Faced with continued user frustration about the complexity of upgrading to its E-Business Suite 11i applications, Oracle is taking steps to improve the software's quality and make it easier to install. But the company was hit with fresh criticism of its product development and support processes last week, illustrating how far it has to go to win over users.
At the spring conference of the independent Oracle application user group here, company executives detailed new tools and internal operating procedures that the vendor hopes will raise customer satisfaction levels and persuade users to migrate to 11i in greater numbers than they have thus far.
That follows the announcement last month of several upgrade assistance programs and an acknowledgment by Oracle CEO Larry Ellison that 11i is hard to install.
Members of the Oracle Applications Users Group who were interviewed last week welcomed Oracle's more cooperative attitude. But there were complaints about the quality of the company's application updates and its technical support, and several users said that they want to see Oracle deliver on its promises over the long haul.
"I'm anxious to see their words become reality. Right now, all we have is words," said Tom Wyatt, president of the Atlanta-based OAUG, which has been working closely with Oracle to remedy the 11i upgrade and support issues.
If Oracle succeeds in getting its application development and technical support teams to work more closely with each other, "that will have a tremendous impact" on users, Wyatt said. He works as director of Oracle systems at Sitel, a customer service outsourcing firm in Baltimore.
Oracle has acknowledged that fewer than 40 per cent of its existing users have installed the 2-year-old 11i applications or are in the process of doing so. While the company has no plans to roll out another major release in the foreseeable future, OAUG members were critical of the rapid pace of Oracle's incremental 11i upgrades.
The new releases require extensive testing and sometimes cause glitches in existing systems, according to some conference attendees. Every release of the 11i software "breaks the old stuff," said Melanie Bock, a San Francisco-based Oracle consultant who is a past president of the OAUG.
Several users also faulted Oracle's support. They said support workers don't seem to be communicating with Oracle's developers and often aren't fully up to speed on 11i's nuances. The amount of software patches that users have to install and the time it can take to put them in place were also sore points for some users.
Elaine Friedman, a technical analyst at Canada's National Capital Commission, said that the quasi-public agency charged with capital maintenance and beautification halted an 11i implementation last fall because the patching process was so slow.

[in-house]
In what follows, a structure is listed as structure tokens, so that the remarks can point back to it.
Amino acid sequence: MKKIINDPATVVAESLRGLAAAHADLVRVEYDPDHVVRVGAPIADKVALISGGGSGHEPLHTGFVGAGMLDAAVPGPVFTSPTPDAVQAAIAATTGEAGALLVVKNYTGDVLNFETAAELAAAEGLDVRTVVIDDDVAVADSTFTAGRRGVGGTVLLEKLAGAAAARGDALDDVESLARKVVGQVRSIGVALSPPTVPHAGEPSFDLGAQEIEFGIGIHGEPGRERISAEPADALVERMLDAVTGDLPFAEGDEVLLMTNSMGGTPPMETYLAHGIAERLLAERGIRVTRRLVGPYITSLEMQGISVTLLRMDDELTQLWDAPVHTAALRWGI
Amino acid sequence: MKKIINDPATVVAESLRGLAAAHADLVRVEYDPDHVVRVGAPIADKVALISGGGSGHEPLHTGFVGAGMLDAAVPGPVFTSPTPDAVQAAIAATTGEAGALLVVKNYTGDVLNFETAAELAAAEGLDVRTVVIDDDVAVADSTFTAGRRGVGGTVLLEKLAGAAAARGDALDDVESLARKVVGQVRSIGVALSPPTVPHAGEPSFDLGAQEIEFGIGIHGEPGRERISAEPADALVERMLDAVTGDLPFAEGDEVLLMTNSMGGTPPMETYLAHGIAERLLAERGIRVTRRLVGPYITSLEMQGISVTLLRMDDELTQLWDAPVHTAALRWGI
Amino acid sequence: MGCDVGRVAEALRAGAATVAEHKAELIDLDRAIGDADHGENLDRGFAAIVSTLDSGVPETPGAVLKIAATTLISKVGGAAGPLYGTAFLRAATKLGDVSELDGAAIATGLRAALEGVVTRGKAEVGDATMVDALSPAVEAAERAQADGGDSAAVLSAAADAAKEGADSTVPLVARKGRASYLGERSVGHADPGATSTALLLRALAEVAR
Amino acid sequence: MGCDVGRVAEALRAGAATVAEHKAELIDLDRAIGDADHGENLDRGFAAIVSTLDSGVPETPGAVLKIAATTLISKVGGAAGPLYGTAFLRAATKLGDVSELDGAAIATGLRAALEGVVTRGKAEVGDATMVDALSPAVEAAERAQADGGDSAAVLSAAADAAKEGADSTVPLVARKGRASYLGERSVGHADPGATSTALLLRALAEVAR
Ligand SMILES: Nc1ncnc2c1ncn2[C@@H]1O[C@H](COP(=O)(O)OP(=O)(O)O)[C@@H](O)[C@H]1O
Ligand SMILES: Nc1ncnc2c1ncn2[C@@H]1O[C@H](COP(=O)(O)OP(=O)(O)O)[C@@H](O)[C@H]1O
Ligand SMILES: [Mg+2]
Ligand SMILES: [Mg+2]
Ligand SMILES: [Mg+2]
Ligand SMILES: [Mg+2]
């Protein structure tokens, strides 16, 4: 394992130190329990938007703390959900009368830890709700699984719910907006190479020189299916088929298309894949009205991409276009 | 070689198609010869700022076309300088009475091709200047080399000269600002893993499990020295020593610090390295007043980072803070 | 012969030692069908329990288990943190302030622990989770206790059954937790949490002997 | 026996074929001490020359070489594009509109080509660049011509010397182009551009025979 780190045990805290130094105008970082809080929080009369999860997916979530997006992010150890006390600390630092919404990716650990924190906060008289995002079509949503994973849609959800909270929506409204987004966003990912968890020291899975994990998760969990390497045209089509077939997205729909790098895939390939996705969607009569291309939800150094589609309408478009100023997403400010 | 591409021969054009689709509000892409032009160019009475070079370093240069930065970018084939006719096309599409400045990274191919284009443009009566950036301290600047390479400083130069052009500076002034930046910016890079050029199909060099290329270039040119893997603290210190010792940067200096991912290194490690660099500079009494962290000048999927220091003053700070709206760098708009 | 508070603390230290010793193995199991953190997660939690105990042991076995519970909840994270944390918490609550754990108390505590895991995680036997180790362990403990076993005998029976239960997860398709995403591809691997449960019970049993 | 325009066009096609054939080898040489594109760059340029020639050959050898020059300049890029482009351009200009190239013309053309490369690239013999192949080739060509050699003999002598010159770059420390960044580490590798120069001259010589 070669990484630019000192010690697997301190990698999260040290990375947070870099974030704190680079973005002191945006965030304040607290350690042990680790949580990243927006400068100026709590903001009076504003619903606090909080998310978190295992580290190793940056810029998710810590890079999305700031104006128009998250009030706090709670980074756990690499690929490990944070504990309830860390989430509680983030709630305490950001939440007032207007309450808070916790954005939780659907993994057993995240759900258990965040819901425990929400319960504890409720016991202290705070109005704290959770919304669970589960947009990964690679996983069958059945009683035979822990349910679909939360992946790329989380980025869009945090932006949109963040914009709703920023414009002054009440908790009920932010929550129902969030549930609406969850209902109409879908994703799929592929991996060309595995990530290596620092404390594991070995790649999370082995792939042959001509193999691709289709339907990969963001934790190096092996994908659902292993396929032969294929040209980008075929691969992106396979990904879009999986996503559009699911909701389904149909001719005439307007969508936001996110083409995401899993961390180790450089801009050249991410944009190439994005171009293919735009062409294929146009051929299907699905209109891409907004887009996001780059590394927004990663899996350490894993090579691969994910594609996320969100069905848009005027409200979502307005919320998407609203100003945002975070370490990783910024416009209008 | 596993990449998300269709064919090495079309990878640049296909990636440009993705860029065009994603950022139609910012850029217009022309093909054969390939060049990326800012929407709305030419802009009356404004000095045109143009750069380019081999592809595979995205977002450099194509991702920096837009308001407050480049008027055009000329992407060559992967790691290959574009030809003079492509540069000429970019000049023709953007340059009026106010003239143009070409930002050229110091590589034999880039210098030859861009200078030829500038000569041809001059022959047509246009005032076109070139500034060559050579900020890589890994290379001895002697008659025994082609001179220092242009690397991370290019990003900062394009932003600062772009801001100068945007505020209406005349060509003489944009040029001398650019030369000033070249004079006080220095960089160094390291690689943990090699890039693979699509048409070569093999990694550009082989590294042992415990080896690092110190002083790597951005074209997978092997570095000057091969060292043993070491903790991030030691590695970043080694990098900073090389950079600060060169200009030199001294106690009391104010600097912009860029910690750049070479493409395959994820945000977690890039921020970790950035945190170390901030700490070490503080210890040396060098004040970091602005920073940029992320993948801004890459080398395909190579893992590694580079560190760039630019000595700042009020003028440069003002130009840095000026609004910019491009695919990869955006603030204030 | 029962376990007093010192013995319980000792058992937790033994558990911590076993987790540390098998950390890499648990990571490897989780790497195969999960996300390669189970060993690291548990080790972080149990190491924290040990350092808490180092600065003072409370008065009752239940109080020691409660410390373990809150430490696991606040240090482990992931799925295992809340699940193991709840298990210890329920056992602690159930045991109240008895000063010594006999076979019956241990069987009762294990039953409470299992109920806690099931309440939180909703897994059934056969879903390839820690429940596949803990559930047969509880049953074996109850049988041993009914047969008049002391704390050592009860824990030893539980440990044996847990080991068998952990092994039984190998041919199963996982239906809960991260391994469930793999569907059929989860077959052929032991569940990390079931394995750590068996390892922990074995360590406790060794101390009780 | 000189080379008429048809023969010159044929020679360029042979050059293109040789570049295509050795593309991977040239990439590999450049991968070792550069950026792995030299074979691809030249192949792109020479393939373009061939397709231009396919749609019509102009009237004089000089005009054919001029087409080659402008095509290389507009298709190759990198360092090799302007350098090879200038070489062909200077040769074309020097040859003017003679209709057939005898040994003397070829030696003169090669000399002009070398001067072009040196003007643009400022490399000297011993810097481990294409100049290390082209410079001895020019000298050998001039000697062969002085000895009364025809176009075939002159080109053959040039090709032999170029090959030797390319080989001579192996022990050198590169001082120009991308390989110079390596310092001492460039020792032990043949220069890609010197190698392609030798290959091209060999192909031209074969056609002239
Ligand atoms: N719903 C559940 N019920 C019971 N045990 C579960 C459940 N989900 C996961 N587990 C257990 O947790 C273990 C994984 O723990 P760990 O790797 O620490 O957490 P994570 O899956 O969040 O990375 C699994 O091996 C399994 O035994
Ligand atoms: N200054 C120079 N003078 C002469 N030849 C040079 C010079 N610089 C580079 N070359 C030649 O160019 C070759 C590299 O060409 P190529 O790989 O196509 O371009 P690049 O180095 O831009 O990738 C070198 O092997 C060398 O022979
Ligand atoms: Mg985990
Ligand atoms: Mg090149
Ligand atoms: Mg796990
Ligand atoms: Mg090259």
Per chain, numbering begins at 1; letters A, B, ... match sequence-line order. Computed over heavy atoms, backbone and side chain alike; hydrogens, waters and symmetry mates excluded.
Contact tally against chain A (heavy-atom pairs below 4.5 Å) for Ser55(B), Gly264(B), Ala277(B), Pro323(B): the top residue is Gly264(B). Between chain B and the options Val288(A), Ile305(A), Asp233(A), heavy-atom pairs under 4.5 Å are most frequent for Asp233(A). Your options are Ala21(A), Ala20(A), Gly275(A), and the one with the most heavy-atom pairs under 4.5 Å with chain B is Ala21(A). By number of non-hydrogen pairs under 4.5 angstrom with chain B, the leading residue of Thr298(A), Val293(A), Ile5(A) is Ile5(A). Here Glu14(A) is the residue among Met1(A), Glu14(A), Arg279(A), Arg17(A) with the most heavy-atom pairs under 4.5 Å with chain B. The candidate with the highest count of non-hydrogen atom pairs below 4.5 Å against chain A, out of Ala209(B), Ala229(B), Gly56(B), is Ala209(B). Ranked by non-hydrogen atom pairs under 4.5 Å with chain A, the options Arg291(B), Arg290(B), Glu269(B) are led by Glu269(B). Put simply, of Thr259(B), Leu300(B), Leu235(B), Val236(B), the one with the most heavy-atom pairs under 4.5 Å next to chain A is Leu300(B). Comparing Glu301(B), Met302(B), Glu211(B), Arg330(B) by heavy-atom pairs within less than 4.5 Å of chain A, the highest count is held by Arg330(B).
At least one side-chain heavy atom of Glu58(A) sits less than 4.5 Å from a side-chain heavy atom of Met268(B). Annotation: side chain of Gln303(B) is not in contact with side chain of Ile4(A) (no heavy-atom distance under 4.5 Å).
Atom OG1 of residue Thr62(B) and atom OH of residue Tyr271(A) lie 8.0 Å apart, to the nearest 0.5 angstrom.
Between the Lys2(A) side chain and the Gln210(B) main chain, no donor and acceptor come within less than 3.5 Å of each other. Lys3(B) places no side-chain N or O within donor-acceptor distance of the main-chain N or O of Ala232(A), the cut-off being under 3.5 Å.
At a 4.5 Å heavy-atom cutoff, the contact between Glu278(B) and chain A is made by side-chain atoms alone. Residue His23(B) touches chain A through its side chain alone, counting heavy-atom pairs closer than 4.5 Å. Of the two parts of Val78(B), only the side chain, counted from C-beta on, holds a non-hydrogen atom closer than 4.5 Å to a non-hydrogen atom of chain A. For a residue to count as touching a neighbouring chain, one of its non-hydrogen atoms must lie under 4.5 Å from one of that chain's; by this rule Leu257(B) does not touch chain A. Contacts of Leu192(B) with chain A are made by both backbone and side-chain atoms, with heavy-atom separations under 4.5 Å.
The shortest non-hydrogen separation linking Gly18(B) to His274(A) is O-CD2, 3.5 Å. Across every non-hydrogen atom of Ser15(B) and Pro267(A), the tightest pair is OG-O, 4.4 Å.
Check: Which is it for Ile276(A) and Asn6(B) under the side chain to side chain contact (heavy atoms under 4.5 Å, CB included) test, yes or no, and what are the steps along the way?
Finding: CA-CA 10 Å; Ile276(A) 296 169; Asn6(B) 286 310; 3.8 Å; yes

Some problems took weeks to fix, Friedman said. She added that the commission postponed its migration from Oracle's 10.7 financial applications until this fall.
Cliff Godwin, senior vice president of applications technology at Oracle, said software quality improvements made by the company over the past year have cut in half the number of patches that new 11i users typically need to install. In response to user demands, he added, Oracle also now offers packs that include multiple patches in order to further reduce installation work.
Oracle's remedy plan also includes the formation of a new group to monitor internal quality assurance procedures and the start of weekly meetings between developers and support workers. In addition, a new utility being built into 11i is supposed to notify users of patches they need to install.
DHL Worldwide Network in January completed a global migration to 11i from 10.7. Like other early adopters of 11i, the delivery company faced "a lot of issues with quality" and was kept busy testing patches that Oracle released to fix glitches, said Jeremy Young, finance business process manager at DHL.
Oracle appears to be moving in the right direction now, noted Young, who is another past president of the OAUG. "The signs are there, but you want to see it continue," he said.
Underscoring the application upgrade and support issues raised by users at the OAUG conference was the release of survey results by Boston-based AMR Research Inc. showing a low level of satisfaction with the 11i implementation process.
The survey, conducted in February, drew responses from 115 OAUG members whose companies have completed 11i rollouts. Jennifer Kemmeter, an AMR analyst, wouldn't disclose the percentage of the respondents who said they were satisfied with the upgrade process. But she said the figure was "very low."
Moreover, Kemmeter said, the users that took part reported that they spent an average of 43 per cent more money and 39 per cent more time on 11i implementations than they had expected. On the other hand, she noted that 60 per cent of the users said they were satisfied or better with Oracle as a company. And 75 per cent said 11i had improved their software environment and delivered business benefits.
Oracle declined to comment about the survey. But a source at the company said it's working to help users keep their 11i upgrades from going over budget and taking more time than scheduled. For example, Oracle is automating the software regression testing process.